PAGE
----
• Axis door control cameras and visitor buzz in implemented for all schools, including the Y-Care entrances at the elementary schools.

November 19, 2018

AODA measures in place to help students, families

Peer-Leaders-500

Student Assistance Program and AODA Coordinator Kristin Hasbrook presented an annual report to School Board members about efforts to keep students from getting involved in alcohol and other drugs. She brought three high school peer leaders who serve as a bridge between students and guidance counselors and other adults who can help students dealing with difficulties. In addition to responding to students who reach out to them, the peer leaders present on stress management and depression in seventh and 10th grade health classes.

Providing initial screening and AODA referral services, helping families find appropriate community services and conducting activities in the schools comprised 2017-18 activities.

Middle and high school activities included ongoing individual student support and giving and organizing presentations for students about drugs and alcohol and depression. In addition, selected students received peer trainer instruction for peer depression presentations. Districtwide activities involved coordination of the parent network Hamilton Connects, creating and implementing a presentation for parents about anxiety, training parents in the Love and Logic program. She also continued to engage with REDgen, an organization that offers training and support to help reduce student suicide and mental health issues.

Future plans are to:

  • use the Question-Persuade-Respond (QPR) model to train students on depression, grief and suicide;
  • create a student club that would extend the mission of Peer Leaders;
  • emphasize mental health education and support for parents;
  • seek additional funding for Hamilton Connects;
  • continue regular support for Hamilton and Templeton students; and
  • support REDgen West as it creates programming in Waukesha County.

3 classes under development for HHS Course Catalog

Three new classes are under development to be included in the 2019-20 Hamilton High School Course Catalog. They are:

  • Math and Logic – provides students preparing for higher education, but for whom Business Math is not the best fit, with another senior-level math elective;
  • Cultures of Healthcare – in the family and consumer sciences department, blends concepts of the current Introduction to Healthcare Professions and Culture of Healthcare offered by Waukesha County Technical College. The course examines employment trends, professionalism, interpersonal and written communication skills, patient privacy and confidentiality issues;
  • Digital Design & Web Development – a Business Education course redesigned from Advanced Applications and Web Page Design to provide rigorous learning as the foundation for success in college and related careers. Students will design and create professional graphics and websites using Adobe Creative Cloud.

Hamilton’s achievement higher, but gaps exist

Achievement discrepancy between majority and minority students, students of low economic status, special education and English learners exists in education. While the Hamilton School District sees this to a lesser extent than state and national averages, gaps among the various student groups exist.

Human Resources Director John Roubik and Instructional Services Supervisor Katherine Little, Ph.D. presented district data and initiatives concerning “Closing the Achievement Gap.” Hamilton students in disaggregated groups outperform their state counterparts on the Forward Exam.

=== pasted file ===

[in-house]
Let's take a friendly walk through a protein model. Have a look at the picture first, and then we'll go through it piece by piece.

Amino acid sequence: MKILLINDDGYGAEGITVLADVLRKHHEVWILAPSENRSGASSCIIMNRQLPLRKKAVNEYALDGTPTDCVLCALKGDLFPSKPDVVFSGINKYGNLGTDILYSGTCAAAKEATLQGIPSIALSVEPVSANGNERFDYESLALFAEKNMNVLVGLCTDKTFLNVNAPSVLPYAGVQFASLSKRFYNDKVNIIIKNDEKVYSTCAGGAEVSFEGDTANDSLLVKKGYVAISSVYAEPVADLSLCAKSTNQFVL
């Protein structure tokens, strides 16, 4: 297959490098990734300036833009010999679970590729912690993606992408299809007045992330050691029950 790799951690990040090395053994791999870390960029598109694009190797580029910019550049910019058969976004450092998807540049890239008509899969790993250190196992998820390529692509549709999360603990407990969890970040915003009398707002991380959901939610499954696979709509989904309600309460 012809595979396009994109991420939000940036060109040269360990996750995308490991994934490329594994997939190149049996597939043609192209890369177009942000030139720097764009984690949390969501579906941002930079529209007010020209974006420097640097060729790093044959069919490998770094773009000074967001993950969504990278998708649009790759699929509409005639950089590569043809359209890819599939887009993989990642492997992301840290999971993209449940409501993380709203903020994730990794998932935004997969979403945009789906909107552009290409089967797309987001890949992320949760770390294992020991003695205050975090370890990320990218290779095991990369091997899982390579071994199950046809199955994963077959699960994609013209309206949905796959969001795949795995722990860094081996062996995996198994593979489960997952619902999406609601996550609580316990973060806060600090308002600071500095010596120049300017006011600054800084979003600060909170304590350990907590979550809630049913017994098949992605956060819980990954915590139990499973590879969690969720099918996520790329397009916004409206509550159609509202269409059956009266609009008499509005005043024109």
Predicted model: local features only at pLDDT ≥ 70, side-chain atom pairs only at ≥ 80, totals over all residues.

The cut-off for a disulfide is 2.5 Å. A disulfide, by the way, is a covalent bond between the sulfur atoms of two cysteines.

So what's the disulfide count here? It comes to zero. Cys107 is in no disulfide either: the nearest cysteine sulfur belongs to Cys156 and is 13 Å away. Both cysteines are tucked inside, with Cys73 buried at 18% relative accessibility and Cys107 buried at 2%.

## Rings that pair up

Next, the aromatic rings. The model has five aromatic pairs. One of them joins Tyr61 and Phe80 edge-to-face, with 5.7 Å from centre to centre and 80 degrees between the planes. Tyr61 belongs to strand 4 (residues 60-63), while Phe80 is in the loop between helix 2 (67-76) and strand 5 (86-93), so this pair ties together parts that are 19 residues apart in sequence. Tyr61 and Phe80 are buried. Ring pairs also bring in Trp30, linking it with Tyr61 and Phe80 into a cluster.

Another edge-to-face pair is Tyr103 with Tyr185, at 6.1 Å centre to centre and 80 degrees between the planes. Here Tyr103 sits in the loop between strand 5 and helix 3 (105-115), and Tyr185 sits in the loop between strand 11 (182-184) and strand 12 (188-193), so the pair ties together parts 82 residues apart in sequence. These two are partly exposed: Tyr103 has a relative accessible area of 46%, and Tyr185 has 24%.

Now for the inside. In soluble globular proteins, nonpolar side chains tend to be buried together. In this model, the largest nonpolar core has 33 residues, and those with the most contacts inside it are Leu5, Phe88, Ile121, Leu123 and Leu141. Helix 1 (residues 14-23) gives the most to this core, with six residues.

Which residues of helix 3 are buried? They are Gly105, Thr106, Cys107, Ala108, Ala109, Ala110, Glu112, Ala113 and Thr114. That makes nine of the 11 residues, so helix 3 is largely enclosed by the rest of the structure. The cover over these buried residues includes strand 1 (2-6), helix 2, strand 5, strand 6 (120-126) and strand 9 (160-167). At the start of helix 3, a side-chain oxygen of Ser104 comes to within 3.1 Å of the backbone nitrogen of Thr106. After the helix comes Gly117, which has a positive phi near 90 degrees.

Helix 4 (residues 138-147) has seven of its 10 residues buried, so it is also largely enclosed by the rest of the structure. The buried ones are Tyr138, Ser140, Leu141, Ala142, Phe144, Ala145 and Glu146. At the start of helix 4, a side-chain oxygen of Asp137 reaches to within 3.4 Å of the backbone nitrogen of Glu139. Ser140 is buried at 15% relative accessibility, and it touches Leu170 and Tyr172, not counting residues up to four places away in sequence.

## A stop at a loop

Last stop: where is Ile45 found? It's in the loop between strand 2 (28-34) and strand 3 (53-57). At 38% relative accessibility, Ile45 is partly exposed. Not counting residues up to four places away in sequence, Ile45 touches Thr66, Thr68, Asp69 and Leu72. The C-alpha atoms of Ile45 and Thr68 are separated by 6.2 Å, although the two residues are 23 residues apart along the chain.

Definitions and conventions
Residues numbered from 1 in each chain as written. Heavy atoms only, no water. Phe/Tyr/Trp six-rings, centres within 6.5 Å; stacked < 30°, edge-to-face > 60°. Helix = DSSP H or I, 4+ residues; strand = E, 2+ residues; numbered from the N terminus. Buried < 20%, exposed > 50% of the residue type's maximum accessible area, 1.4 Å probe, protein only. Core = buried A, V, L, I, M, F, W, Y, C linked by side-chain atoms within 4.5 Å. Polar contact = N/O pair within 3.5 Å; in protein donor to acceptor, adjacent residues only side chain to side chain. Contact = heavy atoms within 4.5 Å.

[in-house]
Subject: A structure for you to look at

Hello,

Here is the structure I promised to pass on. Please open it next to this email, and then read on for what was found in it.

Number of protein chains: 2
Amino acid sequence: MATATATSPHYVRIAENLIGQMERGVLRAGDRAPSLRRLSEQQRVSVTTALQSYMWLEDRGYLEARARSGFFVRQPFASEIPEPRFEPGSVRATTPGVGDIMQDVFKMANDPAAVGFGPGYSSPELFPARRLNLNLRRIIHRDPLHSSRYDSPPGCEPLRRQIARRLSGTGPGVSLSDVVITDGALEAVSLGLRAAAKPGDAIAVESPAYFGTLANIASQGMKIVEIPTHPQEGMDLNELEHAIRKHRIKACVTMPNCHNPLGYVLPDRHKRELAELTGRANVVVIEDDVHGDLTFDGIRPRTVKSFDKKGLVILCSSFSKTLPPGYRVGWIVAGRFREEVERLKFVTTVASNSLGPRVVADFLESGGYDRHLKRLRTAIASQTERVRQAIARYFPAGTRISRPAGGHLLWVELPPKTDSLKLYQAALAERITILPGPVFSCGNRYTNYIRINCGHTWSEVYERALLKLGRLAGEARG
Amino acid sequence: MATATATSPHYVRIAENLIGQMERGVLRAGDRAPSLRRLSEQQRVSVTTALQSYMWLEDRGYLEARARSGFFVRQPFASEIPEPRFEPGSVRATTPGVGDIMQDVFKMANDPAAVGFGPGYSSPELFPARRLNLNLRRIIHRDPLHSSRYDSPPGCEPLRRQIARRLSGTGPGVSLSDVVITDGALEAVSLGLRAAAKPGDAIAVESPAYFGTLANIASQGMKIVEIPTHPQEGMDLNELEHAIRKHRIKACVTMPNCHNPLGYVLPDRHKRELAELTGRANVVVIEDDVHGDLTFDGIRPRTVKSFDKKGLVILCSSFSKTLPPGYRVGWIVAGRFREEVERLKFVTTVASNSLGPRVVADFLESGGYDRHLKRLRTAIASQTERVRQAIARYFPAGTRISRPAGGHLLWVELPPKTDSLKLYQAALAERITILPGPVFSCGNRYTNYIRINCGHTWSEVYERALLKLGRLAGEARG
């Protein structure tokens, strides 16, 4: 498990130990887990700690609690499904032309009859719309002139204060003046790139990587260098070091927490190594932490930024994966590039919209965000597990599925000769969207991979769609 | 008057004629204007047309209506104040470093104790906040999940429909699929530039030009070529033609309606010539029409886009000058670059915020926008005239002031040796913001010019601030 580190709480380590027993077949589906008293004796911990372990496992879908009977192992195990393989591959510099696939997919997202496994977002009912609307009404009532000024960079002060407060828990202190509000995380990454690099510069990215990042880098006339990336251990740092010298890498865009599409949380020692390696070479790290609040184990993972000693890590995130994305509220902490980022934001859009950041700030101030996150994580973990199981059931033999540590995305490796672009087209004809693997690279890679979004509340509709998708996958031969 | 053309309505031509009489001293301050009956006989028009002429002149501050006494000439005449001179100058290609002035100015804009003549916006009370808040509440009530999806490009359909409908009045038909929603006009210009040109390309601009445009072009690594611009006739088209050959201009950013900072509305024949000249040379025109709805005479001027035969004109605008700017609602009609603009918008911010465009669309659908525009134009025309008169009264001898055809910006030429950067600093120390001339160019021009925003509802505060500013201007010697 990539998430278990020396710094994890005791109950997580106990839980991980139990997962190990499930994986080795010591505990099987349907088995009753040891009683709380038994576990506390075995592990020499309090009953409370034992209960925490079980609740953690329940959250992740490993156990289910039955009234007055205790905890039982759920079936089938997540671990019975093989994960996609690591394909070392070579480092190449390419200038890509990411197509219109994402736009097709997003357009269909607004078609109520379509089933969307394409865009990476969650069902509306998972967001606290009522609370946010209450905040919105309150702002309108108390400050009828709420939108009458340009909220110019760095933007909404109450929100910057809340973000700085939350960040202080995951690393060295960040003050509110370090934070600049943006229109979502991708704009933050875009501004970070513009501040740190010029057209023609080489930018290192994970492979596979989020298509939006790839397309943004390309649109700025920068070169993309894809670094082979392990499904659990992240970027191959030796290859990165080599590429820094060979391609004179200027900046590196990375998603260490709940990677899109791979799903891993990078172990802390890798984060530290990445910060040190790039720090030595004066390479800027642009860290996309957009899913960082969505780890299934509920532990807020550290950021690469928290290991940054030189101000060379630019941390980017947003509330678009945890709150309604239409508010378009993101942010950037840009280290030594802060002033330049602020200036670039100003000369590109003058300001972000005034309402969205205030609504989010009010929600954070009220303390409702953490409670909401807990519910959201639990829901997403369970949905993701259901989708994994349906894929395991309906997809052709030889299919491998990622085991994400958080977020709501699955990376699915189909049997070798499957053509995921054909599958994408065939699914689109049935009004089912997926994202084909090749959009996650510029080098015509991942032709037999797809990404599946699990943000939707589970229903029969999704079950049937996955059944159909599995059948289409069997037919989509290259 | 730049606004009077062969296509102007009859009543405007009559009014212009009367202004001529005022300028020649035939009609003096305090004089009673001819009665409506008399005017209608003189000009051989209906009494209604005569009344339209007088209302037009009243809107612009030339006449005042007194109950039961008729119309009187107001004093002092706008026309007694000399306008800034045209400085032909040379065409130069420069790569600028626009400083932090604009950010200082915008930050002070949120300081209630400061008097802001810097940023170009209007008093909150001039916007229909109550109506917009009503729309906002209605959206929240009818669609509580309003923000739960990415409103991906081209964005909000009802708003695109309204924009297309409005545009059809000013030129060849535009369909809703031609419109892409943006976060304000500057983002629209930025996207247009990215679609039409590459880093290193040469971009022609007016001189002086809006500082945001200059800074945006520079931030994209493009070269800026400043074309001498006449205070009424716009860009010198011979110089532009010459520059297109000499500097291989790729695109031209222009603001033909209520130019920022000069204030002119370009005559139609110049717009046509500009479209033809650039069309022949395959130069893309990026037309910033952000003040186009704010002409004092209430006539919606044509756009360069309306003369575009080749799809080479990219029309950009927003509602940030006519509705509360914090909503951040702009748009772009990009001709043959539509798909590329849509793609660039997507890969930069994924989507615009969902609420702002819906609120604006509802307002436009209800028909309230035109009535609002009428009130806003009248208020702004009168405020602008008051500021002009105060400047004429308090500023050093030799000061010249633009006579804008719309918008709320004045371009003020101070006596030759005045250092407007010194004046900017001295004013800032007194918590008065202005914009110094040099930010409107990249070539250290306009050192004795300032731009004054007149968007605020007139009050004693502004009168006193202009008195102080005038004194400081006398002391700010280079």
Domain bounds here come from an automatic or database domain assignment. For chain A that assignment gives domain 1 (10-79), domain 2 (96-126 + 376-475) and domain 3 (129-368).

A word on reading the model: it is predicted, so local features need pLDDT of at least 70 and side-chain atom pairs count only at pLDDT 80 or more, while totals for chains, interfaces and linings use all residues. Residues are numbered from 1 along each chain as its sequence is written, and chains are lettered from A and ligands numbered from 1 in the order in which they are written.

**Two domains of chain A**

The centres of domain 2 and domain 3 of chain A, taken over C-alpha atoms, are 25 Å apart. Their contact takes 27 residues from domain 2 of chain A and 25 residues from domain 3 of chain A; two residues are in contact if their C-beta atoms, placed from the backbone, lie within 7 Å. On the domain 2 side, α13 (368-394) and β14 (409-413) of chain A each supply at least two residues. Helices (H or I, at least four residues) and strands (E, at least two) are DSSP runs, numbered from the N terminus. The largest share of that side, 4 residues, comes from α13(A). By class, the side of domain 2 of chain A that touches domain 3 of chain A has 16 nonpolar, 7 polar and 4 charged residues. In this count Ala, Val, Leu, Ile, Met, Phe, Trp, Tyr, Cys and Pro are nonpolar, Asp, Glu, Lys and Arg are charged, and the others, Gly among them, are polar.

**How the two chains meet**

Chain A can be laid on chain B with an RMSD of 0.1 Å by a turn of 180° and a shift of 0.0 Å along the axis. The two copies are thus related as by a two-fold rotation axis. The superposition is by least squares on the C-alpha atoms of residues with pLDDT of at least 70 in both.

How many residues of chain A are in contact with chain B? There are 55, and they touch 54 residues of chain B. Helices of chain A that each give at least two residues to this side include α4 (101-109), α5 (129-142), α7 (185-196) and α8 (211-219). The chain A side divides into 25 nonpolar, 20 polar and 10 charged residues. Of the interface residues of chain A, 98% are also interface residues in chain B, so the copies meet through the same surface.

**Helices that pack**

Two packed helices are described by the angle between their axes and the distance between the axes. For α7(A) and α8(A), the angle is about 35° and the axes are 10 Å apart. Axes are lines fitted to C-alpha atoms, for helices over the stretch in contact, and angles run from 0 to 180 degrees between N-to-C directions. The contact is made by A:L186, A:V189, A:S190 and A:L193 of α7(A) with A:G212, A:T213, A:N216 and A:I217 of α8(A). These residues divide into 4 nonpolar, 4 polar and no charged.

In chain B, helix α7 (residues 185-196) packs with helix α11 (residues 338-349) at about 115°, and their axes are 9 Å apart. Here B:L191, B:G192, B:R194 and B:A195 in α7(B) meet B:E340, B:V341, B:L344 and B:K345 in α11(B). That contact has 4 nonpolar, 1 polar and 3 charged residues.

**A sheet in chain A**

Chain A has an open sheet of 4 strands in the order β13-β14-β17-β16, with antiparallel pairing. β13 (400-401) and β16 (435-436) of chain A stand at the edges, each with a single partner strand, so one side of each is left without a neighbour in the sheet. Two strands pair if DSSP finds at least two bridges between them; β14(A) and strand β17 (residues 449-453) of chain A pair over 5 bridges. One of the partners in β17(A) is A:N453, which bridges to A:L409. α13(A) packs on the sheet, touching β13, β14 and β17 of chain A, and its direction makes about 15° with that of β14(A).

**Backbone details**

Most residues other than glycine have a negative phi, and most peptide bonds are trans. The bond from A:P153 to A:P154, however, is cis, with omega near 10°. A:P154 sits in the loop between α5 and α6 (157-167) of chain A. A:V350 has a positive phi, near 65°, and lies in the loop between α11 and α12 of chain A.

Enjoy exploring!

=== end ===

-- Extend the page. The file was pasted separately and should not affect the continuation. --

Key findings of the report are:

  • Hamilton’s 2017-18 “Closing the Achievement Gap” score on the School Report Card is 17.5 points better than the state average.
  • Socioeconomically disadvantaged, special education and English learners are underrepresented or not represented in Advanced Placement course testing data.
  • All district subgroups score higher than the state average. The achievement gaps of the socioeconomically disadvantaged, special education and English learner populations attending the Hamilton School District are greater than the state average. This larger discrepancy is attributed to the higher achievement level of the district’s comparative group. However, work is being done with individual students to increase the overall achievement for these populations.
  • For minority populations, discrepancies in reading and math are more pronounced at the elementary level. Using differentiated instructional practices and targeted interventions, achievement narrows as students move up in the grade levels.
  • Achievement gaps for socioeconomically disadvantaged, special education and students learning English remain wide. Individual student needs are being addressed through the RtI and IEP processes.
  • When compared to the state, all subgroups except special education scored higher on the ACT Composite. In most instances, achievement discrepancies are seen between the subgroups and their counterparts. ACT score gaps are seen between the majority and other student groups with the exception of Asian and those identifying with two or more races.

Action steps to ensure the success of all students include:

  • allocating Title I services for direct instruction at targeted school;
  • differentiating instruction to providing interventions for students with larger gaps;
  • matching Response to Intervention actions with student needs to ensure greatest academic gains;
  • meeting of district interventionists to review effectiveness of current interventions and expand intervention options;